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Still Have Independent Contractors? The City of Los Angeles Now Has Something to Say About That

MSK Client Alert
August 31, 2023

This summer, the City of Los Angeles enacted the Freelance Worker Protections Ordinance (“the Ordinance”), setting forth certain requirements for hiring entities retaining “freelance workers” within the City of Los Angeles (“the City”).

The Ordinance defines a freelance worker as an individual or entity composed of no more than one person that is hired by a “hiring entity” as a bona fide independent contractor to provide services in exchange for compensation. A “hiring entity,” in turn, is defined as an entity that is regularly engaged in a business or commercial activity (other than an entity that hires app-based drivers (such as Uber or Lyft) to provide prearranged transportation or delivery services).

Required Contractual Terms Under the Ordinance

Stating its intention to provide protections to freelance workers who might struggle to receive both full and timely payment for their services, the Ordinance requires hiring entities to have a written contract with any freelance worker for services valued at $600 or more in a calendar year (and thus obligated to provide an IRS Form 1099). This contract is required to include:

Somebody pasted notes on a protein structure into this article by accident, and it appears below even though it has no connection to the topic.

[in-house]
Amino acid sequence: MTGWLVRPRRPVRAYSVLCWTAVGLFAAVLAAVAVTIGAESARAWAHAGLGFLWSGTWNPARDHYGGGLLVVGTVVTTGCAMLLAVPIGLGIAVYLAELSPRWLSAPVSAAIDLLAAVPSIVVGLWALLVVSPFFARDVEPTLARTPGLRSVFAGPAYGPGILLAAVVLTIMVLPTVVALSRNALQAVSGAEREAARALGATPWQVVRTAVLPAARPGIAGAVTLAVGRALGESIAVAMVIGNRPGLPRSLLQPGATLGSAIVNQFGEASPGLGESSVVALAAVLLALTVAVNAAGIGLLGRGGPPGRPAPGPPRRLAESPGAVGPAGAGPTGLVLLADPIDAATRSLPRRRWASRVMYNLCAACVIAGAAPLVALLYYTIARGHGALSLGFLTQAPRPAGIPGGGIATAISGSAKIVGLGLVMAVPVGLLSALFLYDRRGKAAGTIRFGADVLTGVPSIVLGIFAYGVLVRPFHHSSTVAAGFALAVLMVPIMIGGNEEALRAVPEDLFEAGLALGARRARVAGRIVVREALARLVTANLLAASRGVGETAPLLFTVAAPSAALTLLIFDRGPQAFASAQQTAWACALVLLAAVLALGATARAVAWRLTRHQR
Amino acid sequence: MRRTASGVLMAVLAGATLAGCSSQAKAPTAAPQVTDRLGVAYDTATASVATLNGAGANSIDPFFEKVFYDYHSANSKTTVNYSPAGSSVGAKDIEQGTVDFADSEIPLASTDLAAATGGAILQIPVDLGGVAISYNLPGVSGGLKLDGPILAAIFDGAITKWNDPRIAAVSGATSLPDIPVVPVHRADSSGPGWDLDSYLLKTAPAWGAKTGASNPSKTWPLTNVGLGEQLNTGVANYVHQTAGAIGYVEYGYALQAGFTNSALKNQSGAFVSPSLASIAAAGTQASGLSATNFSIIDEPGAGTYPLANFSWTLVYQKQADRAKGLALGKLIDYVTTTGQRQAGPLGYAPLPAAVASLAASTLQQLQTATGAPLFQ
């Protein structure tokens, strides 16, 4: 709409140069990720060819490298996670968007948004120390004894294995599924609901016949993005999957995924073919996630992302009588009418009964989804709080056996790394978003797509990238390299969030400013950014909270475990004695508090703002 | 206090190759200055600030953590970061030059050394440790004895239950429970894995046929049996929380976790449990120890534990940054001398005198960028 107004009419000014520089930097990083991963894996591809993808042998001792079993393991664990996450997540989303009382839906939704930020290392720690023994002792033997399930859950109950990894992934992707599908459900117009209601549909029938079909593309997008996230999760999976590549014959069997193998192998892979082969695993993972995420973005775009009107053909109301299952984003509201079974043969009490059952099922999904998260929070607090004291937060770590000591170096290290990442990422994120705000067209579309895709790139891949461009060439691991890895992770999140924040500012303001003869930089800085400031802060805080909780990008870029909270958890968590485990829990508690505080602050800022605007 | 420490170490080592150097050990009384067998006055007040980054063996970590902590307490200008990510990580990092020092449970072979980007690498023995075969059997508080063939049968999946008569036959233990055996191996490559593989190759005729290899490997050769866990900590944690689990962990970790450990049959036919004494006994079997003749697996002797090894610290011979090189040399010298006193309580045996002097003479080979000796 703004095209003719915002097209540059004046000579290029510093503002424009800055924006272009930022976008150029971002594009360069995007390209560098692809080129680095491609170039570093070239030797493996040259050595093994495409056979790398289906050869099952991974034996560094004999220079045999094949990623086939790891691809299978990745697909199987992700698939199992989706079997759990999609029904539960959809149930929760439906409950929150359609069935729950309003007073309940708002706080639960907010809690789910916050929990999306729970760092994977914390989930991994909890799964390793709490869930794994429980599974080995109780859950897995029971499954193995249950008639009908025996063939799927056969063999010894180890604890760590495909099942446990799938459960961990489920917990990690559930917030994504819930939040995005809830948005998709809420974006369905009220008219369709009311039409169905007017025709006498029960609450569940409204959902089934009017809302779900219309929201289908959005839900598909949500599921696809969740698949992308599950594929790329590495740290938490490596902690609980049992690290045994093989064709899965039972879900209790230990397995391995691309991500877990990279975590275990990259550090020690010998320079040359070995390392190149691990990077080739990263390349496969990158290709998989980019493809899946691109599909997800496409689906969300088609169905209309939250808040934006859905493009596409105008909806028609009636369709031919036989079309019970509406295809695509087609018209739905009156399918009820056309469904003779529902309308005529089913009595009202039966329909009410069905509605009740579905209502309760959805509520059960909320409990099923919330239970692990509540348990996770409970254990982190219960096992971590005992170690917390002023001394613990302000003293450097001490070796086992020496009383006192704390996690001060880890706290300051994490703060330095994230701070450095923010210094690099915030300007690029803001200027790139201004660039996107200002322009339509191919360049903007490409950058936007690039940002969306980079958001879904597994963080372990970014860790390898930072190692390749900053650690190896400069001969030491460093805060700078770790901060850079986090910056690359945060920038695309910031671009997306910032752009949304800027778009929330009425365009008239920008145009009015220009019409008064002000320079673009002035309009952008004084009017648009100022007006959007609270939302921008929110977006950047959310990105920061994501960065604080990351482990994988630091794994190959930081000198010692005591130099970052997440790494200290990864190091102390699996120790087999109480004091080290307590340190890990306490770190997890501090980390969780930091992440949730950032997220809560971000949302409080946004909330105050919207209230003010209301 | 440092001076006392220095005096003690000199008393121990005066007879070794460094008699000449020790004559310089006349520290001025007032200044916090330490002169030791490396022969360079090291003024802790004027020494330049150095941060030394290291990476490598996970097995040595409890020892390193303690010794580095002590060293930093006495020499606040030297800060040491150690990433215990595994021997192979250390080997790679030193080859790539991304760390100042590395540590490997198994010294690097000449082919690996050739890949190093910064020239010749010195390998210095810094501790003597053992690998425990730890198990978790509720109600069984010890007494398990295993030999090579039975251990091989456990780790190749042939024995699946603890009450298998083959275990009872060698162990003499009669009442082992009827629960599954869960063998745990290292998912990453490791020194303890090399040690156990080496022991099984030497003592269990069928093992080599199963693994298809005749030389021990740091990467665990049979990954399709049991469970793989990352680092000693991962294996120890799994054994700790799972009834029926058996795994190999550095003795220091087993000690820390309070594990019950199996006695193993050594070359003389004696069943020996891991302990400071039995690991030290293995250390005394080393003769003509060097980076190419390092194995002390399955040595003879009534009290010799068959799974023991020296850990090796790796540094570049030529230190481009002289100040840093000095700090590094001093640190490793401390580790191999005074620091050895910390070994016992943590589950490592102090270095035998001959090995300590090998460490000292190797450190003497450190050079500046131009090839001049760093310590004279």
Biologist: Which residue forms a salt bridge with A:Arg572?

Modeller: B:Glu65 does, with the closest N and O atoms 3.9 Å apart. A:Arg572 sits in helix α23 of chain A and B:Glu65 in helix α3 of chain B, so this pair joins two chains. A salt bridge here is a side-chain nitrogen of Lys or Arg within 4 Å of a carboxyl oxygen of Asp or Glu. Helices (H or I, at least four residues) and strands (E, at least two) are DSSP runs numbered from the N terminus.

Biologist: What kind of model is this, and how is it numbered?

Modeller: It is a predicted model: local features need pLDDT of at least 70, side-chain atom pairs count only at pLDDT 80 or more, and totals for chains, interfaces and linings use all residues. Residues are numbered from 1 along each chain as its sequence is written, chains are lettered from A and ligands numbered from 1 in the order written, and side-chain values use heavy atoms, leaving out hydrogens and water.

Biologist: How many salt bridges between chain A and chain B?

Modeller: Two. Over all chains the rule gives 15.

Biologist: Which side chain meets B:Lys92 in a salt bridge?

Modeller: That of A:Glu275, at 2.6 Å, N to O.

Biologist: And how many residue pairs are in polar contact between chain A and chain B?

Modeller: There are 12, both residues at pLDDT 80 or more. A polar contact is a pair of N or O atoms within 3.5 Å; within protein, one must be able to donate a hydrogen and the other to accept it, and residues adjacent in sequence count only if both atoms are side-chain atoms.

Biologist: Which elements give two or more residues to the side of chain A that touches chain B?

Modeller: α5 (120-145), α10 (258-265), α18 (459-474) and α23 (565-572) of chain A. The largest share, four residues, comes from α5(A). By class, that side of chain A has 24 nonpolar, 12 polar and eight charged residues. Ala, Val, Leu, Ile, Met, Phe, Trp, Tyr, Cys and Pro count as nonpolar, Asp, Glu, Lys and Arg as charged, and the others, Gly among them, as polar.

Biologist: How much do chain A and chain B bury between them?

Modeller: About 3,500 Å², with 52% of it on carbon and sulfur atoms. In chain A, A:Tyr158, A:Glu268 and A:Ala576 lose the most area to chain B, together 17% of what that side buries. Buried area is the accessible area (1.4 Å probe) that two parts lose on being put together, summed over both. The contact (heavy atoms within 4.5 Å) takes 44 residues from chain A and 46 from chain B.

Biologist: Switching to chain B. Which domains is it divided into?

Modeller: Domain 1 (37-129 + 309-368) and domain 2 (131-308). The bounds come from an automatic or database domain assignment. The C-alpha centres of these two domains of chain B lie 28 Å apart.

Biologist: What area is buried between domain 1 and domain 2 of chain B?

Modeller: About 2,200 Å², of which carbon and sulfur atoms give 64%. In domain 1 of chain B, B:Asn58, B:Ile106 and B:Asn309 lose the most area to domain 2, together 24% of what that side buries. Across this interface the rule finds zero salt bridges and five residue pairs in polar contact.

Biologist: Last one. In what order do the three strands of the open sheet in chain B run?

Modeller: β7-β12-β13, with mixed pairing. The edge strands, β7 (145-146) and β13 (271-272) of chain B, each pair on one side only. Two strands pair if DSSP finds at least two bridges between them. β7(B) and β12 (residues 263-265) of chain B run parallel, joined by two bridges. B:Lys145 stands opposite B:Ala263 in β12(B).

A hiring entity must provide full payment by the date specified in the contract (or no later than 30 days after work is completed, if no date is specified in the contract).

Penalties for Noncompliance

If a hiring entity either fails to respond to a freelance worker’s request for a written contract prior to commencing work, fails to pay the amounts agreed to under the contract, or otherwise violates a provision of the Ordinance, additional damages and remedies are available to the freelance worker, including attorney’s fees and costs. For example, if, prior to commencing work, the freelance worker requested and was refused a written contract, the freelance worker must be awarded $250. Additionally, if a hiring entity fails to timely and fully pay the freelance worker, the freelance worker can be awarded damages that are expressly capped at twice the unpaid amount under the contract.

Notably, the Ordinance cannot simply be “contracted around” as the Ordinance states that any attempted waiver is deemed contrary to public policy, void, and unenforceable.

Employers should carefully review and update their independent contractor practices in light of these changes, and the team at Mitchell Silberberg & Knupp remains available to best assist its client’s needs.


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